Another key principle to have in mind is don’t jump into something that requires you to change everything all at once. This will likely lower your likelihood of success and possibly increase your chances of giving up. On the other hand, embrace a more gradual approach where you can build on some early successes. For some guidance, check out the Infographic I referred to in recent weeks in my articles on protein, carbohydrates, and fats (all now located in the blog section of my website). Ideally, you would be selecting most of your foods from the “eat more” column, with less of what you eat coming from the “eat some”, and only on occasion eating the “eat less” foods. Again, this is not something you even need to jump into full force with right away. Start with even just three of your breakfasts during the week containing foods predominantly from the “eat more” column. Maybe you even start with just trading out your usual carbohydrate at supper with one from the “eat more” column. Don’t underestimate the value of making even small changes and the positive impact they can have on your overall health.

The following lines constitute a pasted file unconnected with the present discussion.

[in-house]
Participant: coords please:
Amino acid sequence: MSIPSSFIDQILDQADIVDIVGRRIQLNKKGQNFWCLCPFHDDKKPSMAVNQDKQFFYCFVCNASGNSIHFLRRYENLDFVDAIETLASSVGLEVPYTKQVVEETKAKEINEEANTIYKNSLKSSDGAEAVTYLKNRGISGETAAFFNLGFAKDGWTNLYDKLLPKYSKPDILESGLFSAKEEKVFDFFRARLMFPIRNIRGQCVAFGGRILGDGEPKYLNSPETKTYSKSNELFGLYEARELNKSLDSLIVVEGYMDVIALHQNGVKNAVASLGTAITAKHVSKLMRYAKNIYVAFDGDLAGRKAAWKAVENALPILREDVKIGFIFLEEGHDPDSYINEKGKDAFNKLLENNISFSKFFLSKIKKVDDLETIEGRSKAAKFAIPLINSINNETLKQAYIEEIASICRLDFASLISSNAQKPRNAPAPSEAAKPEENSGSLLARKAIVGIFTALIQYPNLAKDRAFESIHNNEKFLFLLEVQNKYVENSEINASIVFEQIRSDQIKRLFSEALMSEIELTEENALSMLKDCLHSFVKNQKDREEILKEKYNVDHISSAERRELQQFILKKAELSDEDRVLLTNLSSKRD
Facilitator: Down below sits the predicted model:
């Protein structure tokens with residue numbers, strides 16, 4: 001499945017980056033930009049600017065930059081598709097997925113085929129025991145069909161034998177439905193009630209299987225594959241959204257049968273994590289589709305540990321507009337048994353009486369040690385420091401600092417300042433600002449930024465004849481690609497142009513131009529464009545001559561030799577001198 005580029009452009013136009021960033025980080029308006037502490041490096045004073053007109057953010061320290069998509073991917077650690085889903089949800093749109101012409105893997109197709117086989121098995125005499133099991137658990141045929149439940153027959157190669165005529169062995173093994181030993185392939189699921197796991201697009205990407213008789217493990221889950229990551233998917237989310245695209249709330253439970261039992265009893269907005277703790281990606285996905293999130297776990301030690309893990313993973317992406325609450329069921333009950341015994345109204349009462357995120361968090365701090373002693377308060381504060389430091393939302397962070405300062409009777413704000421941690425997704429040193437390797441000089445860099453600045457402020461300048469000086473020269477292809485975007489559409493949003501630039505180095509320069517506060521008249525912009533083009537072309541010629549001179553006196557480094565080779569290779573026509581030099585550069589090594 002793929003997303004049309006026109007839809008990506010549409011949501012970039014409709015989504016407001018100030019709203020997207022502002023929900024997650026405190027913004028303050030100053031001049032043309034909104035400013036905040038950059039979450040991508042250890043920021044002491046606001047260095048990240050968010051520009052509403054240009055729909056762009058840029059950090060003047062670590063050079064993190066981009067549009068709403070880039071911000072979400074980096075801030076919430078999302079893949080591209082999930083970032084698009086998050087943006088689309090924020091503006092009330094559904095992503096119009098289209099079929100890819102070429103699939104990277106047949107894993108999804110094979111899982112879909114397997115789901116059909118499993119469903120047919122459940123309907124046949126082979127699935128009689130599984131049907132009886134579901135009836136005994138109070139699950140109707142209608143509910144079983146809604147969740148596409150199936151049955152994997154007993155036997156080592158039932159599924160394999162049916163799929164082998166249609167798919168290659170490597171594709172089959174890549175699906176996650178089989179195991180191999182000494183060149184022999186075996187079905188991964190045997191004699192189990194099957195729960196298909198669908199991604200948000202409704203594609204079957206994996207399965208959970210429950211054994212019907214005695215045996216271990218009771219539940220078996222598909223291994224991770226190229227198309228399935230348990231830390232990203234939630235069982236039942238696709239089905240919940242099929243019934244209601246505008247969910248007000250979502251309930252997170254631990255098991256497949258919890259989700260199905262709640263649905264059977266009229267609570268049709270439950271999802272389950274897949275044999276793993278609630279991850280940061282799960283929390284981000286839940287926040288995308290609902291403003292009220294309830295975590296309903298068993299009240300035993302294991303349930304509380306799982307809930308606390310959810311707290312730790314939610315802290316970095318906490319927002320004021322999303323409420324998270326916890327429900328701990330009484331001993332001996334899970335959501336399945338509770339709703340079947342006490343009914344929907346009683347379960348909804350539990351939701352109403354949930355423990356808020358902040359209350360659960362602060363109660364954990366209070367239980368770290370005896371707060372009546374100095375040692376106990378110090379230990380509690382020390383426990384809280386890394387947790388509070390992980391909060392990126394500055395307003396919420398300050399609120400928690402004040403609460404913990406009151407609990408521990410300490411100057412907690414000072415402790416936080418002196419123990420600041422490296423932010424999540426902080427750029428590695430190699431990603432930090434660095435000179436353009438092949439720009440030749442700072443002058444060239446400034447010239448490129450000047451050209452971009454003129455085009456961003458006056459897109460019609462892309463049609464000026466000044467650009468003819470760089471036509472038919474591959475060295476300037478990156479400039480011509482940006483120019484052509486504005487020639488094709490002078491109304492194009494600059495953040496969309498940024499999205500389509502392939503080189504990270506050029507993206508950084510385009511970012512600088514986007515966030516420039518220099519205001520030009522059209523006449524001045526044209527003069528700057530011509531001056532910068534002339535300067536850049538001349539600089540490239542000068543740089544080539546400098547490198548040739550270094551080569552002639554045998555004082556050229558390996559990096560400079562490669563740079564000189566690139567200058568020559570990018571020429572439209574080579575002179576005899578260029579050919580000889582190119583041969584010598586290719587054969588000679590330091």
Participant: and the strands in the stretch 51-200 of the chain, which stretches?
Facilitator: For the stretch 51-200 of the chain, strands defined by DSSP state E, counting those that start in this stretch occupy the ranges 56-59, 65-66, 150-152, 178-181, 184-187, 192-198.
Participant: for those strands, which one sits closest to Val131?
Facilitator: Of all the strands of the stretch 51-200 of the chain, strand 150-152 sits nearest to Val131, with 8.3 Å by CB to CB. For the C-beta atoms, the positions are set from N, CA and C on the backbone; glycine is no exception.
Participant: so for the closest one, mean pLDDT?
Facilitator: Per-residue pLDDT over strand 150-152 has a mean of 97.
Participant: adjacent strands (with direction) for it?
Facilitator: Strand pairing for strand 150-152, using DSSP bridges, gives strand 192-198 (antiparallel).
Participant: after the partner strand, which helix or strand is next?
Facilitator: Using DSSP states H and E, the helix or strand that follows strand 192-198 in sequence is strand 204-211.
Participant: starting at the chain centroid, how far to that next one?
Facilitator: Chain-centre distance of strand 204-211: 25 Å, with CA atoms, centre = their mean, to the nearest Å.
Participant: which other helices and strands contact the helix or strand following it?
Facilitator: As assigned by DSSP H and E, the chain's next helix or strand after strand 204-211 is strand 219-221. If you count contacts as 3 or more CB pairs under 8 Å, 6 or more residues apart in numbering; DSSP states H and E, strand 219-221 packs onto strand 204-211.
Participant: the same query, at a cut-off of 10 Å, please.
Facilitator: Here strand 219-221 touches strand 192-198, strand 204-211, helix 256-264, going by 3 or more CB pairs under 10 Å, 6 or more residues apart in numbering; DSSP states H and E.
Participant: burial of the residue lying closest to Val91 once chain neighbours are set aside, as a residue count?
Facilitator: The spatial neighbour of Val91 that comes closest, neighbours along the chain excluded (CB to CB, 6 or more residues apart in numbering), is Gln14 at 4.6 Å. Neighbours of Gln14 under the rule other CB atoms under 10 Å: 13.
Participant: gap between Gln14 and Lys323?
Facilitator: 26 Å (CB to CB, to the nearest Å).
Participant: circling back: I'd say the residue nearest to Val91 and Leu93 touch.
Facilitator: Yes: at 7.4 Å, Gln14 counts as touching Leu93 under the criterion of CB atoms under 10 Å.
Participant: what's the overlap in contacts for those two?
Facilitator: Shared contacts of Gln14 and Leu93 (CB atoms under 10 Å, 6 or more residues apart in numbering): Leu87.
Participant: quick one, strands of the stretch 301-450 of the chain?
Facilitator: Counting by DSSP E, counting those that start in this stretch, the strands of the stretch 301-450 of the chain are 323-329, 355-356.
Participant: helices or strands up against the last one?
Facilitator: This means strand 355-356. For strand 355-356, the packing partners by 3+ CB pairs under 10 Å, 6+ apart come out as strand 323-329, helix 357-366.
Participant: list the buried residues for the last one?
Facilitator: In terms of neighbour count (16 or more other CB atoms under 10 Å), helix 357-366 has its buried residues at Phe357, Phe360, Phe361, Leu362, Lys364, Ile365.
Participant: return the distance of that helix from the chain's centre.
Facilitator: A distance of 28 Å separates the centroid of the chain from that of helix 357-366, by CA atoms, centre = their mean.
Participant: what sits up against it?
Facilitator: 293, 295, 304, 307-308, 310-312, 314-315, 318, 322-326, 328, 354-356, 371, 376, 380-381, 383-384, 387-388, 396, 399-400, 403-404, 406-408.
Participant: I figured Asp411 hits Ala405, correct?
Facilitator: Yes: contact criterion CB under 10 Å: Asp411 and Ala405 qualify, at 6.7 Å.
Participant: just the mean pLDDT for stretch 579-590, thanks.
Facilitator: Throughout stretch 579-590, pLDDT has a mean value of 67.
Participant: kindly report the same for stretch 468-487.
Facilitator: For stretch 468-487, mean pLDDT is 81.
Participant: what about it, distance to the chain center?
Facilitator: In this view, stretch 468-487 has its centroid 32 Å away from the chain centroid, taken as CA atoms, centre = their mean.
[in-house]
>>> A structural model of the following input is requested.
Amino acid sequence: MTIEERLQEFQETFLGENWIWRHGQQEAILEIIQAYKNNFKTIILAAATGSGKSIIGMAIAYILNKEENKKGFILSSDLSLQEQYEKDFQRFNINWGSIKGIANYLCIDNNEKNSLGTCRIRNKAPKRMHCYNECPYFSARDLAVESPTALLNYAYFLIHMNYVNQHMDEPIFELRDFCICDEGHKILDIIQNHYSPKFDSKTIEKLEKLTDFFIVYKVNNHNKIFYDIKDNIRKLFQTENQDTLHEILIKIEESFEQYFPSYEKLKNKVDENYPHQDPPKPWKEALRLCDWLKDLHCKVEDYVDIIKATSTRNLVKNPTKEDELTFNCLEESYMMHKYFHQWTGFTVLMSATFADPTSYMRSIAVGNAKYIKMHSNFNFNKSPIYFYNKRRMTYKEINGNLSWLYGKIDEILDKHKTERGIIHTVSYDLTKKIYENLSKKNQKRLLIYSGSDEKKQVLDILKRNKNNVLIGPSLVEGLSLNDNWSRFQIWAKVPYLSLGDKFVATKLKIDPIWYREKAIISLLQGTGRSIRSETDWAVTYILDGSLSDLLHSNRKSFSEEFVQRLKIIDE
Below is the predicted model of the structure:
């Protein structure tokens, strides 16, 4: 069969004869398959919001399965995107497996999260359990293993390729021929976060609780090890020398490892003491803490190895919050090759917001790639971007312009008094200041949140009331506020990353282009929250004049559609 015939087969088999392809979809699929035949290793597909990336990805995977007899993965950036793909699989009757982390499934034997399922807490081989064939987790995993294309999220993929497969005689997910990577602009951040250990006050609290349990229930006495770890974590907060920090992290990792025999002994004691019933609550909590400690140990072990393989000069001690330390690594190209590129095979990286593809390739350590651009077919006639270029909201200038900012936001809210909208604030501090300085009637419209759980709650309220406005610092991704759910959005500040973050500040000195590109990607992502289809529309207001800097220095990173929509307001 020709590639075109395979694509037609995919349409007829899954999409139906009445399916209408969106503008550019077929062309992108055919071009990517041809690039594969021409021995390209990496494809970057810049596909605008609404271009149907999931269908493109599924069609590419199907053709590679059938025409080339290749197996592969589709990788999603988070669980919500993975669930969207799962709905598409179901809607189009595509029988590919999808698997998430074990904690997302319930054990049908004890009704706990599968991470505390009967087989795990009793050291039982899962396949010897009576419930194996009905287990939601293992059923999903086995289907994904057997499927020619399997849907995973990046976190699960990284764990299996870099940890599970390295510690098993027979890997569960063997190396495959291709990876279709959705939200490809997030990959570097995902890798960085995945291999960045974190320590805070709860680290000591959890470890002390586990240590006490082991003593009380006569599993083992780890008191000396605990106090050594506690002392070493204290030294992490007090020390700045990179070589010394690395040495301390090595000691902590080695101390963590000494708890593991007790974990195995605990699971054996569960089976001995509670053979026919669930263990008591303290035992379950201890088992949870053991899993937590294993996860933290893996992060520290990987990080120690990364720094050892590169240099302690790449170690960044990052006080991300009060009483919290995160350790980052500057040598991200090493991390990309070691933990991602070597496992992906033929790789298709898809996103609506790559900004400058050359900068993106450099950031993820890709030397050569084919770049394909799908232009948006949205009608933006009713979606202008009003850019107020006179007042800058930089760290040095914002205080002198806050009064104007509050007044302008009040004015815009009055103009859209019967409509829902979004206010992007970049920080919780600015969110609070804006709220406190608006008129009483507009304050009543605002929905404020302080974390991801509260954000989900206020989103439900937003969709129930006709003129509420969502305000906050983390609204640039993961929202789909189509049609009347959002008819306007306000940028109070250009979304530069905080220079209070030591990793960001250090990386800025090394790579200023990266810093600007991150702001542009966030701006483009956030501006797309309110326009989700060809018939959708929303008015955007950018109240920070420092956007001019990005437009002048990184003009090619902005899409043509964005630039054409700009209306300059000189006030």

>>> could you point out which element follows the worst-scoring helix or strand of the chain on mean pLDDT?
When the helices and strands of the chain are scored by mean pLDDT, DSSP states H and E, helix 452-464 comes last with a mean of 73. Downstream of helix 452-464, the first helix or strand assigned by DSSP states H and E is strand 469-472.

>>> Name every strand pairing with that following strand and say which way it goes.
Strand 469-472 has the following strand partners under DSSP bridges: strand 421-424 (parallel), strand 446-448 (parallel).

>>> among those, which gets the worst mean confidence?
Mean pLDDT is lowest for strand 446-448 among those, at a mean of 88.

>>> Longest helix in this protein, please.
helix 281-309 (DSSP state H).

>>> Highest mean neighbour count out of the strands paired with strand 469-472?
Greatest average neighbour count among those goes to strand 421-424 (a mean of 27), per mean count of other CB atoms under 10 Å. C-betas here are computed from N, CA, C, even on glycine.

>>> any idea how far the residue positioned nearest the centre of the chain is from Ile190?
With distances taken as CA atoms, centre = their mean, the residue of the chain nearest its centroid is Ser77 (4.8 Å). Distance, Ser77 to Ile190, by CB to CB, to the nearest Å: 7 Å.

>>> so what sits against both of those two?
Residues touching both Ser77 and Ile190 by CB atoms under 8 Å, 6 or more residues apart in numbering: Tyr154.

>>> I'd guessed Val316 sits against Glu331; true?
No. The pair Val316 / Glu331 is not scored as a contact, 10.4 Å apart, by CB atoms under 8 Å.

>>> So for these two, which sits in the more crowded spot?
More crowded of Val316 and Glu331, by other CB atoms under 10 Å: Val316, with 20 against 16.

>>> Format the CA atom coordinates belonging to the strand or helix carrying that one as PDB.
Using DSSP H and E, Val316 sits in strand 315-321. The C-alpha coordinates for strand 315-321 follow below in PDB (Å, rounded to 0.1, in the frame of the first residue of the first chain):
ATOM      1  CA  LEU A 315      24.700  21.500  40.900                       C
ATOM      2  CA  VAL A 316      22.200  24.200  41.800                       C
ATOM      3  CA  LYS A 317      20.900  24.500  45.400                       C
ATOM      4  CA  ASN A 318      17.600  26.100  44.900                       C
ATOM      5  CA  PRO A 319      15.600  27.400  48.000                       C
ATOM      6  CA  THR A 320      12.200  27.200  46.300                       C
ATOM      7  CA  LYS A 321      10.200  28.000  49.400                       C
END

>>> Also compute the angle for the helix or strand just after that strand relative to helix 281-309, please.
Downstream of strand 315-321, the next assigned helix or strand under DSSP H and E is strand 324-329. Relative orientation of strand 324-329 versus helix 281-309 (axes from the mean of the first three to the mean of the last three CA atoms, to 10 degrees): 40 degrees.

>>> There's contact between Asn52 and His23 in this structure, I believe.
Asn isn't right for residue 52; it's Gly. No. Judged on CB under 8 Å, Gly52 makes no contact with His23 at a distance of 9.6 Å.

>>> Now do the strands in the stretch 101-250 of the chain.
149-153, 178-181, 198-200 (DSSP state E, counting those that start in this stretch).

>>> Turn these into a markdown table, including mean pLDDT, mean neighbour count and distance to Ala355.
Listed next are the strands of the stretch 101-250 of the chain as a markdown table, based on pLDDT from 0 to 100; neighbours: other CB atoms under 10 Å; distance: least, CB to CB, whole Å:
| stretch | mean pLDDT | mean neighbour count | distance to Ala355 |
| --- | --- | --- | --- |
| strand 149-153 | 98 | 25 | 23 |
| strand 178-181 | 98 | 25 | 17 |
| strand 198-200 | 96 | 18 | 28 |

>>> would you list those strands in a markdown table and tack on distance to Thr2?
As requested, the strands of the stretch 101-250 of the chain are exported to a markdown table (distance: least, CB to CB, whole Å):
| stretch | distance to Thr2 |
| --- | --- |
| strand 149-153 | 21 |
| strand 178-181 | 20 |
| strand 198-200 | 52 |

Something that should cause you to question the healthiness of a particular nutritional approach is if it is overly restrictive, or cuts out food groups entirely. For example, the Keto diet is commonly associated with cutting out carbs, including fruit and certain vegetables. In doing so, you are also cutting out valuable sources of vitamins and minerals that are important to our body functioning at its best. A challenge commonly associated with those who choose a more plant-based approach is ensuring enough protein variety is consumed so as not to miss out on important amino acids. I understand people may take this approach for reasons that are very personal to them and I am OK with that. It is just important that if one is going to choose this nutritional approach for their life that they do the appropriate research to make sure they are consuming enough of what their body needs, namely protein. Lastly, the cabbage diet…yes, cabbage and other fermented foods are good for our health, especially our gut health, however in large quantities, they can make you quite uncomfortable. In addition, when you focus on consuming strictly one food, you are missing out on nutrients that are available in other foods.